Governor Cuomo has pledged to veto any redistricting plan that fails to be fair to all parties and potential candidates, but the matter will most likely end up in the courts.
Gov. Andrew Cuomo is the key to avoiding a political train wreck in Albany -- if no strong effort is made to change the law so that legislators don’t perpetuate themselves in office year after year without possibility of change.
By the end of January, the Legislature needs to decide whether to appoint an independent commission to redraw the lines of Senate and Assembly districts to give democracy a chance.
Cuomo has pledged to veto any plan that fails to be fair to all parties and potential candidates. Fairness is the key -- but if the Legislature continues to follow the path of its own history, it won’t happen. Every 10 years after the Census figures are in, Albany has a tradition of redrawing the district lines to favor the incumbents. Because of rigged district lines, most legislators are returned to office every 10 years. Nine out of 10 are reelected by margins of 10 points or more.
Dick Dadey of Citizens Union, a strong advocate of electoral reform, told me: “The governor has the ace in the hole. If he and the Legislature just kick the can down the road, nothing will change. But we have a unique opportunity now to effect great change. If we can’t negotiate an agreement by early February, the matter will go to the courts and the outcome will be uncertain.”
Because legislative races are so one-sided and predictable, thanks to control by the powers that be, voter participation has dropped to 35 percent, the fourth lowest in the country. As Daily News columnist Bill Hammond puts it: “The voters know a con when they smell one.” He blames “Albany’s incumbent protection racket: the brazenly partisan gerrymandering of legislative districts.”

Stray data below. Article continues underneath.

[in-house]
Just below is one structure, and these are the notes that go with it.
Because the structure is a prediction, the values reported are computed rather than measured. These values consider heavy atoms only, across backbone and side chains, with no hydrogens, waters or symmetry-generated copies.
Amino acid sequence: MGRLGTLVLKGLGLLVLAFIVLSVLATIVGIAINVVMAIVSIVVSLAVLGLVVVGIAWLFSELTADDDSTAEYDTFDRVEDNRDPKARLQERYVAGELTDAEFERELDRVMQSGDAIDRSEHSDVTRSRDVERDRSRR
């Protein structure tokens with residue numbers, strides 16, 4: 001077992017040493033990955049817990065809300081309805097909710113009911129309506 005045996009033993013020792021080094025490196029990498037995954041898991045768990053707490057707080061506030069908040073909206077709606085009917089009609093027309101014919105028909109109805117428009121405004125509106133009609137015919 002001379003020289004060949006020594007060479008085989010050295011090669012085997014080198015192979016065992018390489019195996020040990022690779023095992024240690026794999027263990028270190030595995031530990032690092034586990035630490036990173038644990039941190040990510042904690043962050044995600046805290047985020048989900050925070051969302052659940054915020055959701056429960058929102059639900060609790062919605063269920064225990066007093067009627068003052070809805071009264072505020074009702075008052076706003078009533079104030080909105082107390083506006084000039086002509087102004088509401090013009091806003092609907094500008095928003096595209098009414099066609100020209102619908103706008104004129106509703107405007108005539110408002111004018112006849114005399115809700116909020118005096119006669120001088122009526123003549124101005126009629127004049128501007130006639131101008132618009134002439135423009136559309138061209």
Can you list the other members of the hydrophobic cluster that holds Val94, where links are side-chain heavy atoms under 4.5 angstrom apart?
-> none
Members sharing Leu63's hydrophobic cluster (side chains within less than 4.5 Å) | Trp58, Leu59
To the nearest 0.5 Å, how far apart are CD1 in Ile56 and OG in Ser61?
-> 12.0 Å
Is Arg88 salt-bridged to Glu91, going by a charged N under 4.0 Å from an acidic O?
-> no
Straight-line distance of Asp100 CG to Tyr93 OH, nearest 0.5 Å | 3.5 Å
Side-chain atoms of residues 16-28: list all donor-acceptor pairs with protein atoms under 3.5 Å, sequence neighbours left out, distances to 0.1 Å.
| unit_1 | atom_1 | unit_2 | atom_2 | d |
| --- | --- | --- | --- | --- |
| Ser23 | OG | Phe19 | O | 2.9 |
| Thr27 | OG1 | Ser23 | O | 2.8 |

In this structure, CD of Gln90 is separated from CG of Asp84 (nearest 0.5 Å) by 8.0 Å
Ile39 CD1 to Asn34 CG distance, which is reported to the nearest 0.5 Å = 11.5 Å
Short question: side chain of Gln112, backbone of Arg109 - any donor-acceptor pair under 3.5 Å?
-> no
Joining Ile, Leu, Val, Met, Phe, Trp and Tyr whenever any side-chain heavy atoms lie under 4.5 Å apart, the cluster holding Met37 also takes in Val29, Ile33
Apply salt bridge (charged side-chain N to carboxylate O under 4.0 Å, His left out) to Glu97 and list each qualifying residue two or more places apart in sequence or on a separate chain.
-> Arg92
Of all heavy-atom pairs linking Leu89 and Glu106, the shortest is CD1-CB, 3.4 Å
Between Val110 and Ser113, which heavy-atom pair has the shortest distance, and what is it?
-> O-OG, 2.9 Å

I spoke to former Mayor Ed Koch, who led a campaign called New York Uprising that got 184 of 212 legislators to sign pledges supporting an independent commission. Koch said: “I believe Andrew will veto any effort to keep things as they are. It’s going to wind up in court and I’m not sure how it will turn out. There is no law that prohibits incumbents from being favored."
Republican Dean Skelos, the majority leader of the State Senate, has a thin margin of just 32 to 30 votes. Koch said “for Skelos, it’s not a matter of democracy being the issue. It’s life and death.”
“I’m hopeful we’ll prevail,” Koch says. “Democracy requires that the electorate select their candidates.”
But the old political warrior isn’t certain that will happen.
Is he an optimist? “No, I’m a realist,” Koch replied.
A decision must be made by early February. If the political bosses prevail, Albany in the next 10 years will be the same old Albany. If the reformers succeed -- and much depends on the judiciary -- then maybe the days of gridlock and immoral practices will end.
I wouldn’t bet on it, either way.